Polls Show Increasing Support for Defunding the Police, But Most Americans Still Against It

Although there has been increasing support for defunding the police, most Americans are still against it.

A new poll from Yahoo! News and YouGov shows support for defunding the police is up 8 percent from a previous poll conducted May 29 and 30 during the first week of protests. However, despite growing support, only 24 percent of Americans support defunding the police.

The Black Lives Matter (BLM) movement has gained momentum amid the weeks-long George Floyd protests across the nation. The poll showed that support for the movement has more than doubled since 2016, with 57 percent of Americans saying they have a favorable view of BLM.

However, defunding the police, which is one of the key approaches the BLM movement has advocated for, is still only supported by less than a quarter of Americans. In fact, more than half of Americans think there need to be more officers policing streets.

The majority of those polled believe that while there are racial problems within police departments, these issues can be solved through reforming the existing system. Nearly three-quarters of Americans want to see a ban on chokeholds and strangleholds by police officers and a mandatory warning before shooting.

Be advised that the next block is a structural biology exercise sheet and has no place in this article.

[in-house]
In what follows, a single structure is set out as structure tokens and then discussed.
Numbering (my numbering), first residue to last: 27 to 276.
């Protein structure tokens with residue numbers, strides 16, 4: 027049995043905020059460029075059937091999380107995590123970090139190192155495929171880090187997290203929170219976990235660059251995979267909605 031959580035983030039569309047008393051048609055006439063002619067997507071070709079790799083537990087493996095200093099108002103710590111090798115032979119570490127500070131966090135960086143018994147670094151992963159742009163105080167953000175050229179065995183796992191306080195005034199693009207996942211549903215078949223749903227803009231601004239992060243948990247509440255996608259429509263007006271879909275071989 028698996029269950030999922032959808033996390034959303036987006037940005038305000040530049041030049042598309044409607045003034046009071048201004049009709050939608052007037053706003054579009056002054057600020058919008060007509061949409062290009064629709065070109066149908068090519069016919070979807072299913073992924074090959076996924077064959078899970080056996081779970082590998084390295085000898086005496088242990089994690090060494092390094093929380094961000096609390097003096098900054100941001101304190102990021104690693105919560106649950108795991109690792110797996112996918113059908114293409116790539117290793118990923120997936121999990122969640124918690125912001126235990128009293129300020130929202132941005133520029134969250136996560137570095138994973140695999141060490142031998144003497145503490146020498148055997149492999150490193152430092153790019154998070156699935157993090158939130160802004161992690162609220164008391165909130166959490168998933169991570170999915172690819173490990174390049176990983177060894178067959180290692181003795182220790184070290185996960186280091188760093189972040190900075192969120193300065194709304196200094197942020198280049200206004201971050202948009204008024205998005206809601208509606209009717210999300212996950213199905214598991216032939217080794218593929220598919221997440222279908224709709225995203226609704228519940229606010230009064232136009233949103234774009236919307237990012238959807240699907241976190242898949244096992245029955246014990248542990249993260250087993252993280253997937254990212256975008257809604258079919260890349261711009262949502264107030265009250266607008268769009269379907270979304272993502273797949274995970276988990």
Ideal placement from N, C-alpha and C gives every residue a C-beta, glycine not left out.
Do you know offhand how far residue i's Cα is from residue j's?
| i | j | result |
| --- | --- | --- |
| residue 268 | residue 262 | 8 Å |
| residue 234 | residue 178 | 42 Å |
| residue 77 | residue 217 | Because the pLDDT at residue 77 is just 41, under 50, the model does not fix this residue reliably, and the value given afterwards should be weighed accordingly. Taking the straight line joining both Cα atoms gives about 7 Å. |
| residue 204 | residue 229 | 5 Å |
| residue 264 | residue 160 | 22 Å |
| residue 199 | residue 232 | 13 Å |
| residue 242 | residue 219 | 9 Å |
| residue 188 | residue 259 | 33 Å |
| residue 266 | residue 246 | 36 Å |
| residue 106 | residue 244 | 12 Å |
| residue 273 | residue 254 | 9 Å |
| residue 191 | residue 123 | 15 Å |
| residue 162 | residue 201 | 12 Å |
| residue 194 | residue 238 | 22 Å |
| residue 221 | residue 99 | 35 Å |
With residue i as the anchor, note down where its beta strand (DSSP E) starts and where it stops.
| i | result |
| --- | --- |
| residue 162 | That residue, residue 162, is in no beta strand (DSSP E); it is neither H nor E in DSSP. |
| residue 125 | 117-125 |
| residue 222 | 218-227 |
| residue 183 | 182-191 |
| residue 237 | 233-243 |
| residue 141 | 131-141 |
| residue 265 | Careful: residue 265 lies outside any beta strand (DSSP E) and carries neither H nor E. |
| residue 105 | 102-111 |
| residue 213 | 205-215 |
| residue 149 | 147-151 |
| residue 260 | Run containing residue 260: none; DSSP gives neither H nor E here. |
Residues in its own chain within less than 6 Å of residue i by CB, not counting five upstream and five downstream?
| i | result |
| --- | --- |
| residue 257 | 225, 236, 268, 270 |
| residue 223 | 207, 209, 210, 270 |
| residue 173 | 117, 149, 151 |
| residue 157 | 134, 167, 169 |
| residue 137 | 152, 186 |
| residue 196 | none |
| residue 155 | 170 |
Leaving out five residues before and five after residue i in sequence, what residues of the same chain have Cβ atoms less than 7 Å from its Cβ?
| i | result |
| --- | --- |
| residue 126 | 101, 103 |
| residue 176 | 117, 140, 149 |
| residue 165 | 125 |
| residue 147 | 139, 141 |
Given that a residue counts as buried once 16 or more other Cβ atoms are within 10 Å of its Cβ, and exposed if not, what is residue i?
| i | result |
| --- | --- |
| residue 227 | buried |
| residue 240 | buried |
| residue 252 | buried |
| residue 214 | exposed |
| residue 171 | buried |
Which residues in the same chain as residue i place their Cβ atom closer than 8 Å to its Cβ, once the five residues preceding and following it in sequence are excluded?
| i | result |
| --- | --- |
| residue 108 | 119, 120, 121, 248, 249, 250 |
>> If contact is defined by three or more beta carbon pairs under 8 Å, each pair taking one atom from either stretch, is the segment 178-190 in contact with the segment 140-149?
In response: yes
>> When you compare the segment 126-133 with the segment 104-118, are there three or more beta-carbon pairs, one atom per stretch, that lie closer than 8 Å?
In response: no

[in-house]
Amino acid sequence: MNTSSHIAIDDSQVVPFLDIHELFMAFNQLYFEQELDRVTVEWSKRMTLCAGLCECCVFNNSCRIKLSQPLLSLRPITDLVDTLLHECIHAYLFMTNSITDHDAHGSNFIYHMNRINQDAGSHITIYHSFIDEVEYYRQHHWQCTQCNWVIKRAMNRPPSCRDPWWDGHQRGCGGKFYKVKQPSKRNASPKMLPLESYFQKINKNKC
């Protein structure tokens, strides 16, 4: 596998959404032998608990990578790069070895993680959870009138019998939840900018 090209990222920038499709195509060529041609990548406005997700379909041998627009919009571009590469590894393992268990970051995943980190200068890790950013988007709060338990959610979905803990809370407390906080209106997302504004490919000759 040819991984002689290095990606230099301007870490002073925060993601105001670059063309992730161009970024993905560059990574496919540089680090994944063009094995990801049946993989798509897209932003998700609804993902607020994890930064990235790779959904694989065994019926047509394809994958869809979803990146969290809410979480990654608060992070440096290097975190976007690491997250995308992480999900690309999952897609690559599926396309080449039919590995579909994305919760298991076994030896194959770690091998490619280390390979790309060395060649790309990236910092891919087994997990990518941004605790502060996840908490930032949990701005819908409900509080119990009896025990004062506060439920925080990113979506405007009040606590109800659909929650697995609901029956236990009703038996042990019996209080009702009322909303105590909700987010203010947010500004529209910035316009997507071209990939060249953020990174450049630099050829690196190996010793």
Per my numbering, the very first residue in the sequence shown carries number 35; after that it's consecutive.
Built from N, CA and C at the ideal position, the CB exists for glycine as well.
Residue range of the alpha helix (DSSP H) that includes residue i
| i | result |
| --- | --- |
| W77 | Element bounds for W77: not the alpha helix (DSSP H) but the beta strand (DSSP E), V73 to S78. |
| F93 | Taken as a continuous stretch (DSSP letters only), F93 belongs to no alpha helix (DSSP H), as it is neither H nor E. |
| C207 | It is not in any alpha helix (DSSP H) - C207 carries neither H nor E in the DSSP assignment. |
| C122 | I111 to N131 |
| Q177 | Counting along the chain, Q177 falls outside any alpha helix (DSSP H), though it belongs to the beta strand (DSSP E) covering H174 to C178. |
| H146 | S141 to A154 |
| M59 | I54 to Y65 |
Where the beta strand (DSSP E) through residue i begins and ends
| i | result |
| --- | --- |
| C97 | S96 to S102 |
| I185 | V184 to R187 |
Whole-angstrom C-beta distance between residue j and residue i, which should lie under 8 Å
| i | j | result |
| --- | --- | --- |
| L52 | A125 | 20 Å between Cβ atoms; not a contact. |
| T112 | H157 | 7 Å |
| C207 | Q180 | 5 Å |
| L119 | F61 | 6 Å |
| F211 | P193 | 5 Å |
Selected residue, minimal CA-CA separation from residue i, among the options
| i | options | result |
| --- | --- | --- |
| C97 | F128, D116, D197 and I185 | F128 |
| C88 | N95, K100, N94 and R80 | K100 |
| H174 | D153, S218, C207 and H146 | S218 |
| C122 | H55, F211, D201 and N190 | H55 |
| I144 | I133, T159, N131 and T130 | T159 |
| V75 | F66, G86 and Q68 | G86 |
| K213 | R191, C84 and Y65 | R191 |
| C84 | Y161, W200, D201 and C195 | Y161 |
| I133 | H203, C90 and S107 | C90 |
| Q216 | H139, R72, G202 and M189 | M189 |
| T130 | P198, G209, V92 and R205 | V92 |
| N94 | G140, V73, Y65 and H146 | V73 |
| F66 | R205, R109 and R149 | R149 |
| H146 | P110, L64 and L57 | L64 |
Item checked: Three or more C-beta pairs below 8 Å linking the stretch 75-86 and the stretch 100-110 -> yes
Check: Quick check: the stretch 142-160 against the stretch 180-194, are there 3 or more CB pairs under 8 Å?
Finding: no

An overwhelming 83 percent of Americans also think bystander officers should be required to step in if a fellow officer is seen using excessive force. Other strongly supported reform proposals such as greater widespread reporting of use of force; the use of body cameras by officers; and an increased use of de-escalation tactics over deadly force.

Defund the police
People walk down a street blocks from the White House where "Defund The Police" was painted on June 8, 2020 in Washington, D.C. Tasos Katopodis/Stringer

A majority of Americans say some type of change needs to be made to the existing police system. In comparison, 17 percent do not think police departments need to be reformed--a view President Donald Trump adopted after referring to himself as "the president of law and order" on Twitter.

Meanwhile, about 64 percent of Americans favor bringing people together over law and order, and 52 percent found Trump's response to the protests have been more harmful than helpful. More than half of those surveyed think former President Barack Obama would have handled the protests better.

The recent protests that have sparked across the nation following the case of George Floyd--a Minneapolis man who died in police custody after an officer knelt on his neck--have forced the country to reevaluate the role race plays in the U.S.

Conducted on June 9 and 10, roughly two weeks after Floyd's death, the poll indicates that more than half of Americans have become more concerned about racial injustice in America since the protests.

More than half of Americans believe that there is a problem with systemic racism in policing and that police are not held accountable for misconduct. About 63 percent believe there is a systemic problem in the country, and the majority agree that "racism is built into American society. The assumption of white superiority pervades schools, business, housing, and government."